Benefits of giving up smoking pre-op

Smokers normally require more anaesthetic than normal. Stopping before your surgery will mean you will require less anaesthetic and this will help speed up your recovery.
Less time spent in the recovery room and less need for oxygen therapy.
There is less likelihood of you developing a chest infection following surgery.
Wounds will heal more quickly. Smoker’s wounds take longer to heal due to the reduced amount of oxygen circulating in the blood and the effect of nicotine on the production of essential healing chemicals.
There is a lower risk of developing dangerous blood clots after surgery.
Less need for pain relief
What help can you get?

You don’t need to do it alone. It can be hard to quit smoking but you are up to four times more likely to quit with help and support from a specialized service. Smokefreelife Berkshire can support you in your quit attempt; we offer:

One to one support sessions over a period of 12 weeks.
A free weekly supply of Nicotine Replacement Therapy (NRT).
A range of community clinic where you can drop in at a time convenient to you.

Please Contact us if you are looking for support.

Smoking and Your Pets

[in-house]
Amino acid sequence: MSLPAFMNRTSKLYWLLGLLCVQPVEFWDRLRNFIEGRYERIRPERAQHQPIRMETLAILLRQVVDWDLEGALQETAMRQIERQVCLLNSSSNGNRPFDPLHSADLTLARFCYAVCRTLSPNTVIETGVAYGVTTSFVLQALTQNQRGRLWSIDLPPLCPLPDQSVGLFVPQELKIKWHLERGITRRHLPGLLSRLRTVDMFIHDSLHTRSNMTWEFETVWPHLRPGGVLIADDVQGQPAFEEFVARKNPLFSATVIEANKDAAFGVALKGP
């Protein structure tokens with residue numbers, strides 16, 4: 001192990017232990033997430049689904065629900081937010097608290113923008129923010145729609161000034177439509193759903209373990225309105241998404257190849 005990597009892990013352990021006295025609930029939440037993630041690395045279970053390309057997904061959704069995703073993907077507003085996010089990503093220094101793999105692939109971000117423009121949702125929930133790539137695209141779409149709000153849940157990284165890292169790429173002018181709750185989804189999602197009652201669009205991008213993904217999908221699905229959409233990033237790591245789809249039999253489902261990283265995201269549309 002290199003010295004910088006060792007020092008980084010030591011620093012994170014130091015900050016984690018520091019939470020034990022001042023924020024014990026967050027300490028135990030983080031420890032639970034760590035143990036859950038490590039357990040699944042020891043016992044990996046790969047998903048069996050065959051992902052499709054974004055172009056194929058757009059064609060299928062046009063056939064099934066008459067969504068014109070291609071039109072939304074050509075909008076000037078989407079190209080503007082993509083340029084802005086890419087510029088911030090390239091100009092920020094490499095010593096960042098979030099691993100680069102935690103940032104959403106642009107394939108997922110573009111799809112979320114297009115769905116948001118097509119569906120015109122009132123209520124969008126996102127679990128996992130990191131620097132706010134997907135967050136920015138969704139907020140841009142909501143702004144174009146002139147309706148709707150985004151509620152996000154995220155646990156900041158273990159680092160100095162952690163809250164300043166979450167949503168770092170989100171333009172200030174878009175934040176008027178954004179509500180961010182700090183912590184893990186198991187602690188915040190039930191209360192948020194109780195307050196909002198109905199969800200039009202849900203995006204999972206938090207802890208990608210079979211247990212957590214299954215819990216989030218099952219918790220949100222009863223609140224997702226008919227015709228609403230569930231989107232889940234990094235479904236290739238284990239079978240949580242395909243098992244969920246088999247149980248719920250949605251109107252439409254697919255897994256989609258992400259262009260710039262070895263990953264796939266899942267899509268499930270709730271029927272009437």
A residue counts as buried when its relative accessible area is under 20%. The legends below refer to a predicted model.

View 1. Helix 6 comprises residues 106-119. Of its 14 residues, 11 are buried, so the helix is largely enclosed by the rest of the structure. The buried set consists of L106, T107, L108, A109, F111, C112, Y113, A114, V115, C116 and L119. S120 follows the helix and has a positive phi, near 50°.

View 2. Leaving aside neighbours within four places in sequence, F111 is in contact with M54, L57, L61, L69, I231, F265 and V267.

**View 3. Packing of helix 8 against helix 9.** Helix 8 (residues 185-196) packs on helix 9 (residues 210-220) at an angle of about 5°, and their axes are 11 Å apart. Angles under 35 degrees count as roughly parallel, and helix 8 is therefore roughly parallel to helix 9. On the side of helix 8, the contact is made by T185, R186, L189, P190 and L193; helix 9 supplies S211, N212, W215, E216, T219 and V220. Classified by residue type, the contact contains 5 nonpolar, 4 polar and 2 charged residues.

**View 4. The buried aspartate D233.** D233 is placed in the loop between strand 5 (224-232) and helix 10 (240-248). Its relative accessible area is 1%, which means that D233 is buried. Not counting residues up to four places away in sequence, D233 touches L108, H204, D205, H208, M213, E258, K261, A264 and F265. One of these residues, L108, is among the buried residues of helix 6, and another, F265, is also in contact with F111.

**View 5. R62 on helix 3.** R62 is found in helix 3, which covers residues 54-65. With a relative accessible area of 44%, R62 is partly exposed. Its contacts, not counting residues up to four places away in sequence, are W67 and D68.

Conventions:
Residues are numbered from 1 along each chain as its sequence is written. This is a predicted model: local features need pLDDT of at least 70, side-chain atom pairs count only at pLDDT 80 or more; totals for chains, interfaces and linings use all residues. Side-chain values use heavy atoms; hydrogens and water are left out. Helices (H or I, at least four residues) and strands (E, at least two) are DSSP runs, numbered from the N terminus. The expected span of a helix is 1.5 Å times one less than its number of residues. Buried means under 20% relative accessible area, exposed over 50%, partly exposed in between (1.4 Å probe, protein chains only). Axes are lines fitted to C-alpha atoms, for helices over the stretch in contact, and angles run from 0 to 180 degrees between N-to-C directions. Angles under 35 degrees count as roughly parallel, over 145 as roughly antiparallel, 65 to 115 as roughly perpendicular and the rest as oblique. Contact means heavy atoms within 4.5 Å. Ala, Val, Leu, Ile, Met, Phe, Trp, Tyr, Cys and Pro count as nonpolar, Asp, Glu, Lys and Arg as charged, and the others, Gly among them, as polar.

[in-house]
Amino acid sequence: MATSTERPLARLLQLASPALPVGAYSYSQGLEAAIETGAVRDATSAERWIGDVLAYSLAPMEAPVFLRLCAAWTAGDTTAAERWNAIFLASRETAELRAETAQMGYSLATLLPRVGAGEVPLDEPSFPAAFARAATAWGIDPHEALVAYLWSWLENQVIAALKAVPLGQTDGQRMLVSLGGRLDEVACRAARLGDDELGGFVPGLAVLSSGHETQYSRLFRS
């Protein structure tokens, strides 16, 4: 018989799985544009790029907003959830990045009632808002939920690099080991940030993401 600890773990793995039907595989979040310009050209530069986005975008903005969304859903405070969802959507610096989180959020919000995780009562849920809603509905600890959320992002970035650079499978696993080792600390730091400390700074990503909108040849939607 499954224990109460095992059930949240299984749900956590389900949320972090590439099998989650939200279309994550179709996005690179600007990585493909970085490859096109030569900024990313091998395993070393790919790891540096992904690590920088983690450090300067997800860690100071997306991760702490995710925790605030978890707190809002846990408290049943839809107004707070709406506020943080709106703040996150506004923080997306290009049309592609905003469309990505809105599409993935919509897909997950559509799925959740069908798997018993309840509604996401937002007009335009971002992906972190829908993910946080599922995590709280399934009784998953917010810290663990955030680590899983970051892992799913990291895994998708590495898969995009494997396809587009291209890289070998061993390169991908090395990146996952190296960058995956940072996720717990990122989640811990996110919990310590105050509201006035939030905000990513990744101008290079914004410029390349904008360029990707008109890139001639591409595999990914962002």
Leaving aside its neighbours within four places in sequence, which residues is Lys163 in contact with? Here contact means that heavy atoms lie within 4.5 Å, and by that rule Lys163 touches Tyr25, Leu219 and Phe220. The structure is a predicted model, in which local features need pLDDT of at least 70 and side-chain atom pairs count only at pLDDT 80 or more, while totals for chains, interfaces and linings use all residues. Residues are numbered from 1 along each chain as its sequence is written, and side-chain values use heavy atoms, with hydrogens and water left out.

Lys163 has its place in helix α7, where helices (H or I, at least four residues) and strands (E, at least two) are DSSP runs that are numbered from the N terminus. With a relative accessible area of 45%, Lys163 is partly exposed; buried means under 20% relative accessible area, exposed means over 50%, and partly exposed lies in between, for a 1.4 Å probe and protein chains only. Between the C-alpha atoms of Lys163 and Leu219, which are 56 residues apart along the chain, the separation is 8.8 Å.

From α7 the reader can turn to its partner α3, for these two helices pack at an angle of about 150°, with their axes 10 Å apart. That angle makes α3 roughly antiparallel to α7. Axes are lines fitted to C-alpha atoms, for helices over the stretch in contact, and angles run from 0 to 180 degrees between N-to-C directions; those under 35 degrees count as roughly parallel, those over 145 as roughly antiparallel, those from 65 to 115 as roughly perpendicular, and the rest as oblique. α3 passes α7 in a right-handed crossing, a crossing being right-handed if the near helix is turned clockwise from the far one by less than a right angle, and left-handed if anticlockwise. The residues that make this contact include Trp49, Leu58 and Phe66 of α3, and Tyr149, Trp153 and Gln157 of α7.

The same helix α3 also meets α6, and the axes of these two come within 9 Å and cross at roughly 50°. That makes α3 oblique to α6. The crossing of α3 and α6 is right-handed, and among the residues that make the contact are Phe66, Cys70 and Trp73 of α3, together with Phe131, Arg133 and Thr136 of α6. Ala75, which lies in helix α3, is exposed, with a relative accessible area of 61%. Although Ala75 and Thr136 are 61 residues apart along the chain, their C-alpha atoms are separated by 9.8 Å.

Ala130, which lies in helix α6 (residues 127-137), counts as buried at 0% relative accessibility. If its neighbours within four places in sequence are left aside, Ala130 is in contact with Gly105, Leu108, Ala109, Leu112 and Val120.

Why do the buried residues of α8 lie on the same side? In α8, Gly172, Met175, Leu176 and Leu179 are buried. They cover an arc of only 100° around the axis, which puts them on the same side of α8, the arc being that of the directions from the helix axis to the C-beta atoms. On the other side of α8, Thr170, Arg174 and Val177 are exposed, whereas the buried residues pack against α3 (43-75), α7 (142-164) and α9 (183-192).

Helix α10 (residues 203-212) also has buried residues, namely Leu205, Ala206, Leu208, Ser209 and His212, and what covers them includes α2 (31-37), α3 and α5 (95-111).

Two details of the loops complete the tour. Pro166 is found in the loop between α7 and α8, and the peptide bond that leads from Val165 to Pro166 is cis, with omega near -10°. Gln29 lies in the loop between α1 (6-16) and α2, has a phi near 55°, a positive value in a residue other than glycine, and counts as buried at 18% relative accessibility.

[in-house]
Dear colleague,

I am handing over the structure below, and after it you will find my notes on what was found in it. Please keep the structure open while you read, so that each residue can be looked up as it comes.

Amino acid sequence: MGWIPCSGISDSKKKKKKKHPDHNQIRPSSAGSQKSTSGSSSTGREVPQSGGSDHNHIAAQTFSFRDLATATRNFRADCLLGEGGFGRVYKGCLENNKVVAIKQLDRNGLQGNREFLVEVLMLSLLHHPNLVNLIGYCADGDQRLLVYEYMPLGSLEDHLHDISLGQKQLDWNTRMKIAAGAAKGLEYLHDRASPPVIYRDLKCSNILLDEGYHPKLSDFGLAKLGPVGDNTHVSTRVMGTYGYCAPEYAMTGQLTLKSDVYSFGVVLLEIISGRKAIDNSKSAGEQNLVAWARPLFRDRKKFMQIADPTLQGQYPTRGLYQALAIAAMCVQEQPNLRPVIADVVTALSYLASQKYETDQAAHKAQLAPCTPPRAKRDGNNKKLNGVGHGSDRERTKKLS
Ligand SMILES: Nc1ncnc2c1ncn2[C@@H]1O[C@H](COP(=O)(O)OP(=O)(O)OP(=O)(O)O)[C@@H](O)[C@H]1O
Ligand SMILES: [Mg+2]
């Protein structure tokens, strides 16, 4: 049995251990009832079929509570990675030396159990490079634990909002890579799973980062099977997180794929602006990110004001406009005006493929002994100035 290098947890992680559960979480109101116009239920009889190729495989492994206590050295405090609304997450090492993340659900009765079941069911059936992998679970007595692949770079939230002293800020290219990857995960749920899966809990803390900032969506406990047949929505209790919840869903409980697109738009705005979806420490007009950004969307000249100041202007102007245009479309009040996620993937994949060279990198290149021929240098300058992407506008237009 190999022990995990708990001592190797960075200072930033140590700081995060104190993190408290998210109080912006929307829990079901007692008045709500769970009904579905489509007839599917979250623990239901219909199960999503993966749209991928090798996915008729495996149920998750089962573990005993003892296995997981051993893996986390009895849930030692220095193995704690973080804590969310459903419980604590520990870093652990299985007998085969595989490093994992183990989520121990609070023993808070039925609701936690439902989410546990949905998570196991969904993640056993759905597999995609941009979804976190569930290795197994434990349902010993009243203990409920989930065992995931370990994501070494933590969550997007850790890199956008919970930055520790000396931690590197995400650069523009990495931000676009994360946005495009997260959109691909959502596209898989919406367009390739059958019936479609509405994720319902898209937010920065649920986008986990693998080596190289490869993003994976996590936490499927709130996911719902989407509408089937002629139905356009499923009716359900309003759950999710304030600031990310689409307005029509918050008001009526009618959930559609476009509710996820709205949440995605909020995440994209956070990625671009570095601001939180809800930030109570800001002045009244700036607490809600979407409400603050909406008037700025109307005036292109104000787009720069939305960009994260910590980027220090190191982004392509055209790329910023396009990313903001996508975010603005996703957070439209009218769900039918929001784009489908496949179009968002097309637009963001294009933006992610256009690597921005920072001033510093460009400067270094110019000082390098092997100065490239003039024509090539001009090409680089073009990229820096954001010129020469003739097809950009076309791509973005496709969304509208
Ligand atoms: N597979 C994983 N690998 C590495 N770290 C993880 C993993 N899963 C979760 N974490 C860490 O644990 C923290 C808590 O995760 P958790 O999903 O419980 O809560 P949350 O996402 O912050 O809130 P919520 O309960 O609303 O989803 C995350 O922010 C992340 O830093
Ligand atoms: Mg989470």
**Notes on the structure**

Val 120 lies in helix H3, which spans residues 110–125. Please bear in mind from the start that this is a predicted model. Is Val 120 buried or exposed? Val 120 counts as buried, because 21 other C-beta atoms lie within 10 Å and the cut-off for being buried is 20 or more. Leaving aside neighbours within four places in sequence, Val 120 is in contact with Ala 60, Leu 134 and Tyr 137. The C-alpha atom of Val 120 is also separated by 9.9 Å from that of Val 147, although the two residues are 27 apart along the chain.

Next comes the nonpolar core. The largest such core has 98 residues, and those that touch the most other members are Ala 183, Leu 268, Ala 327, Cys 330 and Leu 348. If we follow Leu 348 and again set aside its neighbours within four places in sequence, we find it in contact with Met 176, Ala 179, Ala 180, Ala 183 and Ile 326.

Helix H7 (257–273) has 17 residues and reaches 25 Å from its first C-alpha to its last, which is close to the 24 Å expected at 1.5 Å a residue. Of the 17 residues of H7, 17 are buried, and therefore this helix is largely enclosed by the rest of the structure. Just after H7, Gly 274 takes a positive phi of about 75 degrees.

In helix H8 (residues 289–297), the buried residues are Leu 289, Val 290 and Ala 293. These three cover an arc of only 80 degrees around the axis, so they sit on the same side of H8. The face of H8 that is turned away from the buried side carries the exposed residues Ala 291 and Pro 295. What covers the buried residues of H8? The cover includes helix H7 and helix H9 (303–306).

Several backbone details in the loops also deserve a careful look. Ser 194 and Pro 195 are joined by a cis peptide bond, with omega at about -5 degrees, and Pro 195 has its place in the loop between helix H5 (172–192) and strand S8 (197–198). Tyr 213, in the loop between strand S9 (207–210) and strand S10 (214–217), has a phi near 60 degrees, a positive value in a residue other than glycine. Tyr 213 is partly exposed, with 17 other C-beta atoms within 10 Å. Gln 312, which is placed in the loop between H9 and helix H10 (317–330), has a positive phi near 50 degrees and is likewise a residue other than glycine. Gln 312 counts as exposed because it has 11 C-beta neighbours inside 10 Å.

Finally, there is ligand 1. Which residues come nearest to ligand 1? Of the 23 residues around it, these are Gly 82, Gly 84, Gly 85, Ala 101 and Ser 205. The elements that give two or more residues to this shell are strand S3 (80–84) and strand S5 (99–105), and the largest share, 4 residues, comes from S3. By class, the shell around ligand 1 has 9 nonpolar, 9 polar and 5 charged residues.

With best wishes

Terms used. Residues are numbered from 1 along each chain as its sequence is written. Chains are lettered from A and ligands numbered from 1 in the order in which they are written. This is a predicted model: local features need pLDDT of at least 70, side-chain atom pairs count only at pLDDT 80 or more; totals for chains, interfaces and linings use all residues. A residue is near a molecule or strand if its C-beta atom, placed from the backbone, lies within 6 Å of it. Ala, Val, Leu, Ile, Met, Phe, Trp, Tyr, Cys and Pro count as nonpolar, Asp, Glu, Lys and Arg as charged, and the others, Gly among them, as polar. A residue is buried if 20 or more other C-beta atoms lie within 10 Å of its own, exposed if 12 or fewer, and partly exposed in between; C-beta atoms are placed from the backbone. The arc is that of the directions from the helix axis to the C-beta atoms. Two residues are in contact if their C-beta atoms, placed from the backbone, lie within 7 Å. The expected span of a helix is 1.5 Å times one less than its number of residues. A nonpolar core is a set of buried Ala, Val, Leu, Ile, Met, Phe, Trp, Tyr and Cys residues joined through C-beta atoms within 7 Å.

Many studies show that second-hand smoking and tobacco exposure increases health risks to your pets and has been associated with:

Oral Cancer and Lymphoma in Cats: they lick themselves as part of their grooming and because of this they ingest dangerous carcinogens that are absorbed by their fur

Allergies, Nasal Cancer and Lung Cancer in dogs: long nosed dogs have a greater risk of developing nasal cancer while small/medium nose dogs have a greater risk of developing lung cancer.

Respiratory problems and Lung Cancer in small furry pets and birds.

Fish kept in tanks and aquariums can suffer the effects of second hand smoke as it can introduce toxins into the water in which they live and lead to failure to thrive.

Amphibians and Reptiles are sensitive to airborne toxins. Second-hand smoke from cigars and cigarettes can cause chronic eye, skin, and respiratory disease.

Your pet is more at risk from passive smoking than humans because they spend more time at home, are usually always found close to their owner and are closer to carpets where carcinogenic particles linger.

Smoke lingers on carpets and curtains which makes animals more susceptible to breathing in deadly toxins.